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HIV (human immunodeficiency virus) is a virus, which weakens and constantly attacks immunity cells, leading to compromised body immunity mechanisms and making the body more vulnerable to infections and diseases. It is transmitted from bodily fluids, such as during unprotected sex or from the infected injection drug. If it is left uncured and untreated, HIV can lead to AIDS (acquired immunodeficiency syndrome). AIDS is the last stage of HIV infection which causes the body’s immune system to be badly damaged by the virus. The report, the main aim is to discuss the Human Immunodeficiency Virus and Acquired Immunodeficiency Syndrome (HIV/AIDS) in South Africa and Australia, identifying the impacts on the gender and living environment especially on women when it comes to two countries.

In South Africa, Young women are more vulnerable in comparison to men with the infected HIV. In 2005, infection was widespread mainly in the 15-24 years of 16.9% women age group as compared to 4.4% in men (Ginsburg, et al.,2021). The high rise in HIV cases has been mainly due to growing poverty, violence against women, implications of cultural limitations and causing more intergenerational sex, unsafe and unprotected sex practices, high cases of drug use and a history of rising sexually transmitted infections (STI) (Celum, et al.,2019)

While in Australia, HIV has been growing among the Indigenous community with a rate of 1.3 times in 2016–2018, as compared to the Other Australians (4.9 per 100,000) (Australian Government, 2020). Mainly Indigenous women are more vulnerable due to the rise in poverty, financial problems, and illiteracy problems and the Indigenous community has high cases of drugs, alcohol and abuse as compared to the non-Indigenous community (Azzopardi, et al.,2018).

HIV/AIDS and the Vulnerable Group – the Situation

South Africa's vulnerable group has been the tribal young women who do not have any literacy, are educated or are poor. There has been a rising spike in the cases of 90% in the HIV status from 2018. South Africa still lacks HIV treatment; does not have strict policies and regulations programs, lacks the infrastructure to educate the masses and even adopt strong measures to curb unprotected sex practices (Ginsburg , et al., 2021).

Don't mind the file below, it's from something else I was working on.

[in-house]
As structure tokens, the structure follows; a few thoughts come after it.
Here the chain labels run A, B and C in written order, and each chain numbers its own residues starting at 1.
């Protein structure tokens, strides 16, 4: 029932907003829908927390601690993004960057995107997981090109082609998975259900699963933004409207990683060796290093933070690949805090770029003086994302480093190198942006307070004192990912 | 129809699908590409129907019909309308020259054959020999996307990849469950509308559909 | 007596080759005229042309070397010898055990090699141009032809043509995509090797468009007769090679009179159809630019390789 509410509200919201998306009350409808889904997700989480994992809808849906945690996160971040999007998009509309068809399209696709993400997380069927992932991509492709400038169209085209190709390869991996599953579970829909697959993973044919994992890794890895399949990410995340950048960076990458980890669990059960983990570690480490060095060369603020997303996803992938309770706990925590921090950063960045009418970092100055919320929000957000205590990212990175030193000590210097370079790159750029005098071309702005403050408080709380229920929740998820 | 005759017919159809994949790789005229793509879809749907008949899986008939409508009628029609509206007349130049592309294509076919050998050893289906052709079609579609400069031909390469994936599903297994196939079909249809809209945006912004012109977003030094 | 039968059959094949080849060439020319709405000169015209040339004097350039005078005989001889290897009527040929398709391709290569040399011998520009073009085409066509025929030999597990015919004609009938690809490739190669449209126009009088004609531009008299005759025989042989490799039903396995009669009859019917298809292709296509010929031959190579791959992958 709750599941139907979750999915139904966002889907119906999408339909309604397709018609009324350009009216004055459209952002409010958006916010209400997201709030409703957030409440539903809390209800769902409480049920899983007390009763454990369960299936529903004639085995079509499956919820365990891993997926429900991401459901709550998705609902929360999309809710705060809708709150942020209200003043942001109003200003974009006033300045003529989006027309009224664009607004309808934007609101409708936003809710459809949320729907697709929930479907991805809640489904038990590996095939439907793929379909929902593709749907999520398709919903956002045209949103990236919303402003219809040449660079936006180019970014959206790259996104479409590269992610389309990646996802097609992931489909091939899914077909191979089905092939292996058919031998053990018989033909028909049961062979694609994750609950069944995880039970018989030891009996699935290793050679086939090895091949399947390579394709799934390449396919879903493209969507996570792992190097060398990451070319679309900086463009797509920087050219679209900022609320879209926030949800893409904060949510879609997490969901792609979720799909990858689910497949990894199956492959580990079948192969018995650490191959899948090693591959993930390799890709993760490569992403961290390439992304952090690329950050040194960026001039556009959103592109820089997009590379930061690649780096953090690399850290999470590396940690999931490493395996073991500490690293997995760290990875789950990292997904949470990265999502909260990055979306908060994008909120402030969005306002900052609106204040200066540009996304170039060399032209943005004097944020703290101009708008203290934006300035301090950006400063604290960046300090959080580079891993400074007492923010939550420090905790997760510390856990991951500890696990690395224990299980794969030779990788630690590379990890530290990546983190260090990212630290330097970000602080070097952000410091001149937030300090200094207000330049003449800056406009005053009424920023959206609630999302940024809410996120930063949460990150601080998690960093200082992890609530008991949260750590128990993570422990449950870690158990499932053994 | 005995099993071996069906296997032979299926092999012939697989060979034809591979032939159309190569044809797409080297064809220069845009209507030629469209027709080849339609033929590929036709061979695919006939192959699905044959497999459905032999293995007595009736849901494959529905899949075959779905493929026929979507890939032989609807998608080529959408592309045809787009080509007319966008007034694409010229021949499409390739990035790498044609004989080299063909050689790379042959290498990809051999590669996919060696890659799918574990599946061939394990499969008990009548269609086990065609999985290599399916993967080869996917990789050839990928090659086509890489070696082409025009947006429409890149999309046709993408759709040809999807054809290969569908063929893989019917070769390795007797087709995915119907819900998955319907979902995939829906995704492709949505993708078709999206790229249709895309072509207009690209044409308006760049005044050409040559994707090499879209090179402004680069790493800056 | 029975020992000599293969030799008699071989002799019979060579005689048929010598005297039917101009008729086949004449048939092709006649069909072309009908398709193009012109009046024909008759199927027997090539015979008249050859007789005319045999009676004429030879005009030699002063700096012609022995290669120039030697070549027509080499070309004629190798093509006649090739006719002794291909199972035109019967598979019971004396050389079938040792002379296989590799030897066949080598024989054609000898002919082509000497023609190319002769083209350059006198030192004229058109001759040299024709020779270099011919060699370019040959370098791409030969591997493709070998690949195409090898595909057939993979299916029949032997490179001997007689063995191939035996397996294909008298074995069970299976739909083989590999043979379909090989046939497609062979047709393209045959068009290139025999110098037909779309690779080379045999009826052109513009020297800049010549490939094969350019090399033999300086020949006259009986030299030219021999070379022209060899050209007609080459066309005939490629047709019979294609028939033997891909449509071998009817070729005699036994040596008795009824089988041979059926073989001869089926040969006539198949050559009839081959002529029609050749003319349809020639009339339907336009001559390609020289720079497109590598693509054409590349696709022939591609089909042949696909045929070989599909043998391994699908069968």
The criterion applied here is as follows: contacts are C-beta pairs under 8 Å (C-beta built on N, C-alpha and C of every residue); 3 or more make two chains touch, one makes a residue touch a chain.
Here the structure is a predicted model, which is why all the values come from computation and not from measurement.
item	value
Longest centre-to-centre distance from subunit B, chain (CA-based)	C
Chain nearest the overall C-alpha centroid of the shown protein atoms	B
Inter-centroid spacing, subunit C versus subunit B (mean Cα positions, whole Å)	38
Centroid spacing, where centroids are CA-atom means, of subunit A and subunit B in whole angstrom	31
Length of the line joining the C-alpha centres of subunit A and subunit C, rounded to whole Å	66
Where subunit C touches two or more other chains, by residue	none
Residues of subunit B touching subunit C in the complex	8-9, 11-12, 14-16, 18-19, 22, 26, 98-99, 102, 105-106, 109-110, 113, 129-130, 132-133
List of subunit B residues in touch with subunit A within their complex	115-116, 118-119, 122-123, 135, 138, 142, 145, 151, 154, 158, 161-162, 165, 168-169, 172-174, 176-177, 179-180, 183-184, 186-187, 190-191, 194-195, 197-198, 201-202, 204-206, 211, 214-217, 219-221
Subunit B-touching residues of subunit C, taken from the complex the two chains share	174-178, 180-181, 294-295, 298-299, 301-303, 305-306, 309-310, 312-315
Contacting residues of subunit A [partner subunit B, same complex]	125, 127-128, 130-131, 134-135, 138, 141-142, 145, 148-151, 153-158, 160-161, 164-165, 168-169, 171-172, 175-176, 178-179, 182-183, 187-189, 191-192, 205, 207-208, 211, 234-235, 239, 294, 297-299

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Male Versus Female HIV increased rate in between 2019-2021 (Ginsburg, et al.,2021).

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HIV/AIDS population in South Africa (Ginsburg, et al.,2021).

While in Australia, a total of 4,289 HIV people were diagnosed in 2015 and 2019, with a growing rate of 173 total people being detected at 3.3 per 100,000 Indigenous people. Indigenous people in Australia experience more sexually transmissible infections (STIs), with a higher prevalence of HIV transmission. But Australian government are very particular in curbing the STI and HIV prevention and management practices in controlling the HIV/AIDS growing problems (Ford, 2013).

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Indigenous HIV status (Australian Government,2020)

Indigenous HIV stagnant growth Australian (Government, 2020)

Read more: HIV AIDS Analysis Assignment Sample

Social determinant (Education)

In the two different groups of the South African Young Women and the Australian Indigenous group, there has been a series of devotion when it comes to the Social determinants such as:

Barriers to Diagnosis Due to the Lack of Education

In the South African and Australian groups, both the women groups face barriers to the diagnosis of HIV infection in ATSI people, which may explain the higher rates of HIV infection spread in the population. But male diagnosis is better as compared to the female groups, due to less stereotyping and stigma (Azzopardi, et al., 2018). In the Indigenous male group, still, a point of barrier is in the diagnosis as their culture does not allow touching their body parts or looking into their eyes when examining them. There has been a growing lack of medical literacy, the facing the social and structural late diagnosis, which has caused the lack of optimal testing, intervention procedures like TasP and PEP and discrimination stigma which does not lead to a proper treatment and diagnosis. The other factors like lack of determinants are poorer physical, financial and cultural aspects that can lead to crowded housing, limited transport and lower education and employment levels, which can cause personal health problems (Ford, 2013).

Opportunities for Early Diagnosis

In the Women both in South Africa and Indigenous Group Australia, diagnosis is the main challenge, as the cultural aspects do not allow touching women or examining their body parts. Often the screening or discussion about sex practices is a point of hindrance as compared to the male counterparts. Opportunities and missing out on screening for HIV infection have led to growing challenges in medical examination (Fogarty, 2018).

Social Determinant (Cultural practices)

The second social determinant problem is the lack of equitable cultural practices between South Africa and Indigenous Group Australia.